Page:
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More tertiary student places, focus on success

More tertiary student places, focus on success

Budget 2010 provides more than $4.2 billion to the tertiary sector with a raft of initiatives to ensure more higher education opportunities for New Zealanders.

Creating more student places, streamlining funding and supporting student success are all key elements of the Budget package, Tertiary Education Minister Steven Joyce says.

“These are the next steps in an on-going programme of reform aimed at improving the sector’s contribution to achieving faster growth in the years ahead.”

Measures in this year’s Budget include:

• Removing funds representing poor value for money and reinvesting that money in more student places.

• Purchasing 1735 additional full time places at universities and 3173 extra full-time places at Polytechs and Institutes of Technology than previously budgeted, to respond to demand. This will mean the number of places in universities will be 765 greater than this year’s record number and the number of places at Polytechs and Institutes of Technology will be 455 greater than this year.

• Providing higher tuition subsidies per student.

• Replacing the fee maxima with an annual maximum fee movement, which caps fee increases for all courses at 4 per cent in 2011.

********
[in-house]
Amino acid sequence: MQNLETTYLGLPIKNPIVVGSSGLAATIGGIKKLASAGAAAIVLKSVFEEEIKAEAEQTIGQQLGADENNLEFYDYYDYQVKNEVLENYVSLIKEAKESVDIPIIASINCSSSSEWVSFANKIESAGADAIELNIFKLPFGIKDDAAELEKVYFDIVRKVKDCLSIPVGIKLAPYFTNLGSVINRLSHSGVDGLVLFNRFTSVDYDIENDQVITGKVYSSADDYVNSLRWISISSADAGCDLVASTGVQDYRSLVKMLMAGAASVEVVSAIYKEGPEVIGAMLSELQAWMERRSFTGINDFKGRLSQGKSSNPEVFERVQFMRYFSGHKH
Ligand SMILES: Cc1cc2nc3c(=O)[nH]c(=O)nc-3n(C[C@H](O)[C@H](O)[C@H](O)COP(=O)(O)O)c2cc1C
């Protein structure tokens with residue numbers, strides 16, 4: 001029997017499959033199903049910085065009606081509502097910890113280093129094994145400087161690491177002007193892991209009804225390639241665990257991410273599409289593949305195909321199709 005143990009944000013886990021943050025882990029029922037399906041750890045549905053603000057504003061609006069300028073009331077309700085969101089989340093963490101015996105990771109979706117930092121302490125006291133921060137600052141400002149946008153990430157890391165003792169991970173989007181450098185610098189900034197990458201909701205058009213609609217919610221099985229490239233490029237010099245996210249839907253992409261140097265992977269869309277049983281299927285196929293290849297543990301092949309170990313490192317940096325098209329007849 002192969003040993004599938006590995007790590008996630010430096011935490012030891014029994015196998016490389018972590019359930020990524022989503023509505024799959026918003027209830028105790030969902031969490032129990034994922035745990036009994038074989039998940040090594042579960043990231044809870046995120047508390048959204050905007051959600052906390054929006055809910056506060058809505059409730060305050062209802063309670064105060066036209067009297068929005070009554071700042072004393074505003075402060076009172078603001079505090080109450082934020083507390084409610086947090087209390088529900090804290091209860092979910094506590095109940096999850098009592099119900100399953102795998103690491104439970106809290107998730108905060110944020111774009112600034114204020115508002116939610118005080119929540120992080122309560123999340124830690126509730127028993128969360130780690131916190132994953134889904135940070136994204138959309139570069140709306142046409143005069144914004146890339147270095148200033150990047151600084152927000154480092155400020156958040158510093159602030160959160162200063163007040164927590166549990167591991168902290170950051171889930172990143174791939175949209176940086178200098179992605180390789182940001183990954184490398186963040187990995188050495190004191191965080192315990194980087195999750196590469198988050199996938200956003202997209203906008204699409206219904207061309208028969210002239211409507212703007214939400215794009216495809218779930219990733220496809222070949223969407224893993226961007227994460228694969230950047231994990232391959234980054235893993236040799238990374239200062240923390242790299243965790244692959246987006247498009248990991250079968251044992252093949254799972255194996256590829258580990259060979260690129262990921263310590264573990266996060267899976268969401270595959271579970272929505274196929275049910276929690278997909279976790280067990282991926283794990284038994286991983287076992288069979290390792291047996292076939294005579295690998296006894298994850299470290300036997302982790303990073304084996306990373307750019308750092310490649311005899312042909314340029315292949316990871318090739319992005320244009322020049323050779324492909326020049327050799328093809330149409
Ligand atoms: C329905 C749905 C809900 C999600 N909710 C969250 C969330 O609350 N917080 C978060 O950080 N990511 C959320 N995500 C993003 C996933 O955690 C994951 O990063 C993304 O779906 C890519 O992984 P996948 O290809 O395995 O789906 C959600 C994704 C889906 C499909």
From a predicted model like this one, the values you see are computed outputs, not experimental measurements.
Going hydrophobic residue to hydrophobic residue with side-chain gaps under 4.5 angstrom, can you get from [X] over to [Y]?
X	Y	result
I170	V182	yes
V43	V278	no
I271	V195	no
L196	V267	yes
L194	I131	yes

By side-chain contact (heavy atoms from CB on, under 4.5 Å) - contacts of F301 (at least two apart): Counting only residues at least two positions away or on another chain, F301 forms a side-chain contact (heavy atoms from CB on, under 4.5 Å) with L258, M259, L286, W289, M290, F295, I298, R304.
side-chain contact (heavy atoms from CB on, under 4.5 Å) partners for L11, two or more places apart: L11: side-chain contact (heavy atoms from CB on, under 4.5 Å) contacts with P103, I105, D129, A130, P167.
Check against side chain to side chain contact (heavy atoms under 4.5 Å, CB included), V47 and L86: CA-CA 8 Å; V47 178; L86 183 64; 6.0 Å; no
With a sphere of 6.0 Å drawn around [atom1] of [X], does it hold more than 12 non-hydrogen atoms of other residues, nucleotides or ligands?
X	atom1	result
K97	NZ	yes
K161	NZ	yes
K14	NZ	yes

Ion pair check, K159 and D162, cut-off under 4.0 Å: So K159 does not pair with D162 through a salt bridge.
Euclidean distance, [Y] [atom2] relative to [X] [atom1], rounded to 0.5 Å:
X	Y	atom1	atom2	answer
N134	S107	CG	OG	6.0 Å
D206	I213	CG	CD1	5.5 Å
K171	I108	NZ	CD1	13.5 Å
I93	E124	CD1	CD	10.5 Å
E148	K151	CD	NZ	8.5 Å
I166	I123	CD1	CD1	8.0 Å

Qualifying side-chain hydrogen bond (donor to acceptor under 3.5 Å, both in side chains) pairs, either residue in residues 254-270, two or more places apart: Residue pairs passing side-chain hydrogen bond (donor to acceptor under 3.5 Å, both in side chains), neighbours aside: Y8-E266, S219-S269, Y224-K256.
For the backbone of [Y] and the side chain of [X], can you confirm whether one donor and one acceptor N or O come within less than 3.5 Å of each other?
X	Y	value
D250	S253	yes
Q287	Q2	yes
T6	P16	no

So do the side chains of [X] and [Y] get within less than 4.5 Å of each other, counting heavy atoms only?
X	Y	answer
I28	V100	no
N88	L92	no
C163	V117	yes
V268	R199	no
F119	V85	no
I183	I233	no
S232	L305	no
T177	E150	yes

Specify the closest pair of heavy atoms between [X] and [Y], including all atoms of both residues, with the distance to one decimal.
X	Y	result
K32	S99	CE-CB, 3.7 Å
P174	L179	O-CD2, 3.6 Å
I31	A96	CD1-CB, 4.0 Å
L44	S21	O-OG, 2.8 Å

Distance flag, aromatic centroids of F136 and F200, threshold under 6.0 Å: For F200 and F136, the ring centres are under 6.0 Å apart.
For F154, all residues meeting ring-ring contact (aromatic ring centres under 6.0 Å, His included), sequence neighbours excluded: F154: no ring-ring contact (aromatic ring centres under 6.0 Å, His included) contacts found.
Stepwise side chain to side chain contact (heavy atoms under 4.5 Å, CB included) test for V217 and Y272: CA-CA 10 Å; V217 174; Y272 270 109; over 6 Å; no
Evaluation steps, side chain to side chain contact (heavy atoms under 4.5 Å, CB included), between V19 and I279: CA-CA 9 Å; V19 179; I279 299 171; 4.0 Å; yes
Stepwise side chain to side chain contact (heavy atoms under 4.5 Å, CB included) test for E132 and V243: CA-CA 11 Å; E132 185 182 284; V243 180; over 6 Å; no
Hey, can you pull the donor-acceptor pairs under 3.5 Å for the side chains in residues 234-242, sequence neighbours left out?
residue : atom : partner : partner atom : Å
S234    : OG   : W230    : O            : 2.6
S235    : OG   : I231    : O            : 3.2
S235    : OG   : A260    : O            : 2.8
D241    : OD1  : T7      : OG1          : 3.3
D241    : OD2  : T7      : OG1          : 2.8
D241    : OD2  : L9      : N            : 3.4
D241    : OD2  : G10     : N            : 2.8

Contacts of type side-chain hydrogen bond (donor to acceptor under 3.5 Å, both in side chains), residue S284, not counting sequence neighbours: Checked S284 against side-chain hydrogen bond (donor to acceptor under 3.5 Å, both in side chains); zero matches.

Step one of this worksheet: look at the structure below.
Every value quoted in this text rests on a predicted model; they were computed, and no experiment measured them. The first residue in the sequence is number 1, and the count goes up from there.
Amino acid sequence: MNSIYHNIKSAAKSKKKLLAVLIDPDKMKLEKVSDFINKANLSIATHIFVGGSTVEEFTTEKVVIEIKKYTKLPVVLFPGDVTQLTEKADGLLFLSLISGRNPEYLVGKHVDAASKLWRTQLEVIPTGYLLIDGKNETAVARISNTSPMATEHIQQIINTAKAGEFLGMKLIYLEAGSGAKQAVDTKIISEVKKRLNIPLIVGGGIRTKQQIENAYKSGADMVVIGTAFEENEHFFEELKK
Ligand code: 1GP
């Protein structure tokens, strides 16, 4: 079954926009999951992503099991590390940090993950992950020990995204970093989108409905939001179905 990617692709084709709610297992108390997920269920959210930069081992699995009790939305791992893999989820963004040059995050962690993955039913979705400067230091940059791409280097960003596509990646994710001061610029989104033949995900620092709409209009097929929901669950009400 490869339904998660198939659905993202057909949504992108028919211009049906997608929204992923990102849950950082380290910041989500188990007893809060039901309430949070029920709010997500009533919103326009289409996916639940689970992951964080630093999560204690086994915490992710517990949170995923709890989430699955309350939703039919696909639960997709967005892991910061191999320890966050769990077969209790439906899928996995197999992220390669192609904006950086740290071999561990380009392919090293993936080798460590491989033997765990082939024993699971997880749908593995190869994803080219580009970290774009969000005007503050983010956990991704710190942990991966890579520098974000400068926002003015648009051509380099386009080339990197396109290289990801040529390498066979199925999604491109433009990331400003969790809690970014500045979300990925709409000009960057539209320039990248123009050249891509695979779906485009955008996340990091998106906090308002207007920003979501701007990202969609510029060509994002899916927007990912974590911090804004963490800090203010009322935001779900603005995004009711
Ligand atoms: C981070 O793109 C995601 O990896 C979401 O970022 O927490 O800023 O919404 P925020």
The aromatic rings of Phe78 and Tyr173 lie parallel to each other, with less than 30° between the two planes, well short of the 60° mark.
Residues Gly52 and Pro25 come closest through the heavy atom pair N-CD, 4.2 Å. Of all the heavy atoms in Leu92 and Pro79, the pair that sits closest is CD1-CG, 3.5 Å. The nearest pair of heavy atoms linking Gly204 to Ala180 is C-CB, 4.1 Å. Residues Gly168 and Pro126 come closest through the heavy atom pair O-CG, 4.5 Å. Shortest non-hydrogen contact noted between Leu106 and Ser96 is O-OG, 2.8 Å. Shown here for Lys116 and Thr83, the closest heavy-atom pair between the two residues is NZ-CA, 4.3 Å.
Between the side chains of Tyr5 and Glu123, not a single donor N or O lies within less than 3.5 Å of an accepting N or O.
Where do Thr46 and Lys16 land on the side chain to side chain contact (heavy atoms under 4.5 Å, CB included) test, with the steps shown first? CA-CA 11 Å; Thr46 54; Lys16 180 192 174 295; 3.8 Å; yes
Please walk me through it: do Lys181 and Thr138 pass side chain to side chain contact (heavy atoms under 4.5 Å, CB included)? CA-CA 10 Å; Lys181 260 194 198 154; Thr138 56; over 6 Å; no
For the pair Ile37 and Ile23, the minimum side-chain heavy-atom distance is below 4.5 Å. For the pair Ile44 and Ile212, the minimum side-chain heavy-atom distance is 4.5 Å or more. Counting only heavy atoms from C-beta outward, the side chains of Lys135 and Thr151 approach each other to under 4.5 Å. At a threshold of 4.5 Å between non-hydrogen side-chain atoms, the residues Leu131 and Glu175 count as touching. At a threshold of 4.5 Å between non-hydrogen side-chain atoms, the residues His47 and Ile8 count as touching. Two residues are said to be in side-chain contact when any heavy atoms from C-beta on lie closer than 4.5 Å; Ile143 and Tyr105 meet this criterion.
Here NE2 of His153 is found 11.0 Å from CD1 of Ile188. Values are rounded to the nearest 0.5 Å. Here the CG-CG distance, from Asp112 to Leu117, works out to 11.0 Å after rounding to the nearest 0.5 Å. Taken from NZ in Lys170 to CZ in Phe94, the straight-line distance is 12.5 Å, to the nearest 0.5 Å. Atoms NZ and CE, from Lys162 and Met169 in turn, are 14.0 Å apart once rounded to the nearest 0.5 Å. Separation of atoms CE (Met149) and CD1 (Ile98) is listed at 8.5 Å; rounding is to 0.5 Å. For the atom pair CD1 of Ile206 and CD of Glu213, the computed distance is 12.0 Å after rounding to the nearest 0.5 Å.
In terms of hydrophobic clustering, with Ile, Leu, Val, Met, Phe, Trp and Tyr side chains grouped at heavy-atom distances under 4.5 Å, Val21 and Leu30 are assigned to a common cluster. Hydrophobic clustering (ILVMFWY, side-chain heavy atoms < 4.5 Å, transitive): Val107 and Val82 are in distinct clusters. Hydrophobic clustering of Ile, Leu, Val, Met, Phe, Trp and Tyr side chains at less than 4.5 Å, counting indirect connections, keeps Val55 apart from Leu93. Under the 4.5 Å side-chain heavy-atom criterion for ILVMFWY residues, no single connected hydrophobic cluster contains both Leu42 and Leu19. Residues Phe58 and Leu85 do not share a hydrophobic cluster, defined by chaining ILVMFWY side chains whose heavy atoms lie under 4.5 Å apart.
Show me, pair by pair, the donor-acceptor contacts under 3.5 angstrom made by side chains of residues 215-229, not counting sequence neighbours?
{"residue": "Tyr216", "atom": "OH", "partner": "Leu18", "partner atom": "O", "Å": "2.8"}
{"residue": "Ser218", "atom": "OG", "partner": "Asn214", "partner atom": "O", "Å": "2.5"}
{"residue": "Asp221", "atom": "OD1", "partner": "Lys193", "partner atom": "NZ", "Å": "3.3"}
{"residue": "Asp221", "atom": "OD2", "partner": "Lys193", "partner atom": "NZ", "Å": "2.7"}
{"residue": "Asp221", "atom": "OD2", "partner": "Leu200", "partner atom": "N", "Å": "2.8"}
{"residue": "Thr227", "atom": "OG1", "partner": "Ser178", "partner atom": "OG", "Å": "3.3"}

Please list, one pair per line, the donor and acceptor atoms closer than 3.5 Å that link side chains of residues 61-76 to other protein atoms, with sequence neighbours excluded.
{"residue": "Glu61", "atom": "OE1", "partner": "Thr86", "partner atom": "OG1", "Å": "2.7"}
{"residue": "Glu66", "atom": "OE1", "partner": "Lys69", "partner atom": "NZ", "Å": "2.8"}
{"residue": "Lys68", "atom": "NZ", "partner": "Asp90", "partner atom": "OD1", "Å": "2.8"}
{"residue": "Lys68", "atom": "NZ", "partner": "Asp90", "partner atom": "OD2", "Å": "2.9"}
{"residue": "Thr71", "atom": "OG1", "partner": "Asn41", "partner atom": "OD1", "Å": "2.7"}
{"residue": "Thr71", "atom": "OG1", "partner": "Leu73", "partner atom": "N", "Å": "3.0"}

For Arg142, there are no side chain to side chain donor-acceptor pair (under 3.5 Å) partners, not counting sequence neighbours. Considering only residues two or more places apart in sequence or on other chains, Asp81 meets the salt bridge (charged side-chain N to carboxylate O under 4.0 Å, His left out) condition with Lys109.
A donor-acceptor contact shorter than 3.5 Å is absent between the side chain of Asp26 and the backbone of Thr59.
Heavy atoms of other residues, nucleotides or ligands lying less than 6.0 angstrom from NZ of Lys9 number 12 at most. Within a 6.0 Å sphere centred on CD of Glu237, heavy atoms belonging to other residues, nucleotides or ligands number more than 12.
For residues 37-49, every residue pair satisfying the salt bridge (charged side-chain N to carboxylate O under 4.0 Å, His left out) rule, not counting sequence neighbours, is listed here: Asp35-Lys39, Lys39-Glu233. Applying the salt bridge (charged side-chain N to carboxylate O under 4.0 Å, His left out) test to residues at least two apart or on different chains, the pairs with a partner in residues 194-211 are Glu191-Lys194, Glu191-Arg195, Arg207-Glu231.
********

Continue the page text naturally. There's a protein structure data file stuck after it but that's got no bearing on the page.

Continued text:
These new measures work alongside previously announced plans to link providers’ funding to performance.

“This is an important Budget because we are laying the foundations on which a more flexible and high-performing sector can be built,” Mr Joyce says.

“The economic outlook is still uncertain and there is little room to manoeuvre financially. On top of that, the tertiary sector already gets its fair share of

government spending compared to other countries. That means we have to look at what we have and make it work better.

“In short, we need the sector to become more productive and responsive to the needs of individual students.

“This year’s Budget is a positive one. It sets the course for the future, one that will give all our tertiary institutions incentives to lift their game so they offer what students want and what the economy needs - a high-performing, highly skilled workforce.

“It is important that students are supported too. I want to encourage every student to learn and develop new skills and to play a full and productive role in today’s economy.

“Budget 2010 will build further on last year’s record number of student places and ensure access for young people who are keen to succeed and committed to New Zealand,” Mr Joyce says.

ENDS


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